She sold and shipped to awaiting slave owners in the deep South. Her captives are said to have been chained and hidden in the basement, attic, and in secret rooms in her home. Some of those kidnapped were taken in covered wagons to Cannon's Ferry where they put aboard a schooner and to Georgia and other slave markets. Some of her captives were taken to Alabama and Mississippi in wagons overland. Many were said to have been sold to the slave traders wanting more and more slaves in the Caribbean and South America.
Her partner Joe Johnson, who was reported to be half-black, and was key to keeping their captives in line. He used leg irons and shackles, and was known to whip the hide of those who insisted that they were free. He was arrested in 1822 and sentenced to the "pillory".
For those of you who have never heard of the "pillory," it was a device made of wood or had a metal framework which was erected on a post. The holes in it was used to secure an offender's the head and hands. It was a lot like the "stocks" where it was used for punishment through public humiliation and physical abuse. It's where we get the term "pilloried" which means to be attacked publicly. For Johnson, along with being subject to physical abuse by anyone there, records show that a sentence of 39 lashes was carried out.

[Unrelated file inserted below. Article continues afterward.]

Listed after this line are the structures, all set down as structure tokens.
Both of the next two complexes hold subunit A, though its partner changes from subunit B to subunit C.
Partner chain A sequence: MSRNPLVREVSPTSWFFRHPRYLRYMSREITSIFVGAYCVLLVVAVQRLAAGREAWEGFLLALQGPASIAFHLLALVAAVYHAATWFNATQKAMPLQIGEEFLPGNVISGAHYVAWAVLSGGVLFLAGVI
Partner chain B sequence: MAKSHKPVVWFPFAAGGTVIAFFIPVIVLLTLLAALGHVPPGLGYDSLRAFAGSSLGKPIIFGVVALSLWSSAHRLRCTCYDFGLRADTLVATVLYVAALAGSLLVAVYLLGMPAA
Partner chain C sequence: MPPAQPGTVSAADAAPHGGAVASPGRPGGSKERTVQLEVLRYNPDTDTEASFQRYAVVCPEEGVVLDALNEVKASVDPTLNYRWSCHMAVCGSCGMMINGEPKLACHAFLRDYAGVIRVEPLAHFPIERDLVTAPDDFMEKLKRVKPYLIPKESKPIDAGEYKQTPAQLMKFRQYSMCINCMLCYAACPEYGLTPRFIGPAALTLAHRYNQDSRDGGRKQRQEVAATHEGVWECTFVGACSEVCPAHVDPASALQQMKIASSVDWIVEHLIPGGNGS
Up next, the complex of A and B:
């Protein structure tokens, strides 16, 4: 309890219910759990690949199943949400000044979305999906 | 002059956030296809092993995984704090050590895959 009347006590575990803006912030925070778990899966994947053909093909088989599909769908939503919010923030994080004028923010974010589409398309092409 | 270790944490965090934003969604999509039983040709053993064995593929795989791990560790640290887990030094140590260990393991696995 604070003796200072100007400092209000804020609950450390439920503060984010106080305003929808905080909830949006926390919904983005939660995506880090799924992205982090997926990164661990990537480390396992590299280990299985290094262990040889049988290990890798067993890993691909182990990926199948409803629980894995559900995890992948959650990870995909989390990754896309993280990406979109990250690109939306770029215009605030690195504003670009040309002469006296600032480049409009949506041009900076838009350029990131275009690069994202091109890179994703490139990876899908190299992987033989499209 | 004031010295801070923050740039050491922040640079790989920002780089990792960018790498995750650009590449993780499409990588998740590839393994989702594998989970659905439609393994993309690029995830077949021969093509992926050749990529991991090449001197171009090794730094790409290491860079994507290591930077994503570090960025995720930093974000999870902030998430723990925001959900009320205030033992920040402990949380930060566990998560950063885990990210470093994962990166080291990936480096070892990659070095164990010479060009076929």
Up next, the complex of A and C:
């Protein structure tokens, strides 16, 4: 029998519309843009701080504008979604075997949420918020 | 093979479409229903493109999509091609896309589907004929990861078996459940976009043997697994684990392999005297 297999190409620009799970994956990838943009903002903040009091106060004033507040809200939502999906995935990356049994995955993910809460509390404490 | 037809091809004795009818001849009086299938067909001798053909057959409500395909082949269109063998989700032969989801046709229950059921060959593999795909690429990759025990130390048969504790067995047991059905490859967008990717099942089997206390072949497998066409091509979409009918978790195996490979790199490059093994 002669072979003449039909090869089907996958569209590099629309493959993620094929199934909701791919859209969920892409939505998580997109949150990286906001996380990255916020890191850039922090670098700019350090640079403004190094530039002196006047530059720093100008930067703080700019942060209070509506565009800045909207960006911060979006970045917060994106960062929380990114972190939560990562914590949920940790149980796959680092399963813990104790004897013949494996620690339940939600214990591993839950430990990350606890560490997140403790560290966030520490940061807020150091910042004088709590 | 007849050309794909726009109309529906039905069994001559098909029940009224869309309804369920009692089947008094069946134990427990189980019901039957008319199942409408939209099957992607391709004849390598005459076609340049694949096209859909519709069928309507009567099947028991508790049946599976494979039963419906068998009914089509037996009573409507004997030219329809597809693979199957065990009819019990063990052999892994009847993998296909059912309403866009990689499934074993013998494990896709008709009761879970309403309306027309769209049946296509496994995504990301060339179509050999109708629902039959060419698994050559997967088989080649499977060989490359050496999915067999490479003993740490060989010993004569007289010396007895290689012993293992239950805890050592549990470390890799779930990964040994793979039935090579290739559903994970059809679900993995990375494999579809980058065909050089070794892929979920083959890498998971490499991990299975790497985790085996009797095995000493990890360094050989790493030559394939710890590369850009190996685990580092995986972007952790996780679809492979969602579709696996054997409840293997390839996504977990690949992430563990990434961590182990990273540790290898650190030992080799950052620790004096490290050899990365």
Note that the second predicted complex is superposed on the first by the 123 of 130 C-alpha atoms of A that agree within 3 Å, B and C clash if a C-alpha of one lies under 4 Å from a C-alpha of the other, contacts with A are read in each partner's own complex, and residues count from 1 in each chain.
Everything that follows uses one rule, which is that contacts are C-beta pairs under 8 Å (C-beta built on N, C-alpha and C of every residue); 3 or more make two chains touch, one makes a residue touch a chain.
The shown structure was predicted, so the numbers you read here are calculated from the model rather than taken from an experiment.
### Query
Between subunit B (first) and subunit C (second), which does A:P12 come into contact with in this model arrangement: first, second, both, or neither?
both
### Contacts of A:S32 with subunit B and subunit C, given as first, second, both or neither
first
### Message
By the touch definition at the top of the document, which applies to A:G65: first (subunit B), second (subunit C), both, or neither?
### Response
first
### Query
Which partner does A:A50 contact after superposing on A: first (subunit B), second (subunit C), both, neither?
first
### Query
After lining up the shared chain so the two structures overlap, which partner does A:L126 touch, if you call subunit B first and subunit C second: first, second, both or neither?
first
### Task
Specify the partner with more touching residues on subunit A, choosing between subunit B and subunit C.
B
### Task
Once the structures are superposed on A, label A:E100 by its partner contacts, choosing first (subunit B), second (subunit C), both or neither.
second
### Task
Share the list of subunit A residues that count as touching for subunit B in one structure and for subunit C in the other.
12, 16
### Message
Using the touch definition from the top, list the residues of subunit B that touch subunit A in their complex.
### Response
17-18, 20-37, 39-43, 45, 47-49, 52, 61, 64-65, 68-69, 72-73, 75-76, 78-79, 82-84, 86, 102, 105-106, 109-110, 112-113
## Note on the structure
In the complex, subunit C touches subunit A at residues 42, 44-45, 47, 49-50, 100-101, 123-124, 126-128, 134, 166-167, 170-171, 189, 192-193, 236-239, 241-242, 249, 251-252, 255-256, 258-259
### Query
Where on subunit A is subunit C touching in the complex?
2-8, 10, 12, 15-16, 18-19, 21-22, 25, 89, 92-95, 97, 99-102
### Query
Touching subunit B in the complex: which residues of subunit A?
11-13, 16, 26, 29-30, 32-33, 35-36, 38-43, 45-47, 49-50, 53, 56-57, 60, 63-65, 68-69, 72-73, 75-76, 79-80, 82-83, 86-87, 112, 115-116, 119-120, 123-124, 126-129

In early 1829, Martha "Patty" Cannon was arrested and convicted on four counts of murder by a jury of 24 white males. She had actually murders at least four freed slaves, three of which were just children. And while it's suspected that she indeed killed more, that's what she was convicted of and sent to prison for. While in prison, she committed suicide.
There were other Yankee slavers on the Reverse Underground Railroad all the up to the end of the Civil War. As shocking as it sounds, there were those much worse than that of Martha "Patty" Cannon. And that, well that's for next time!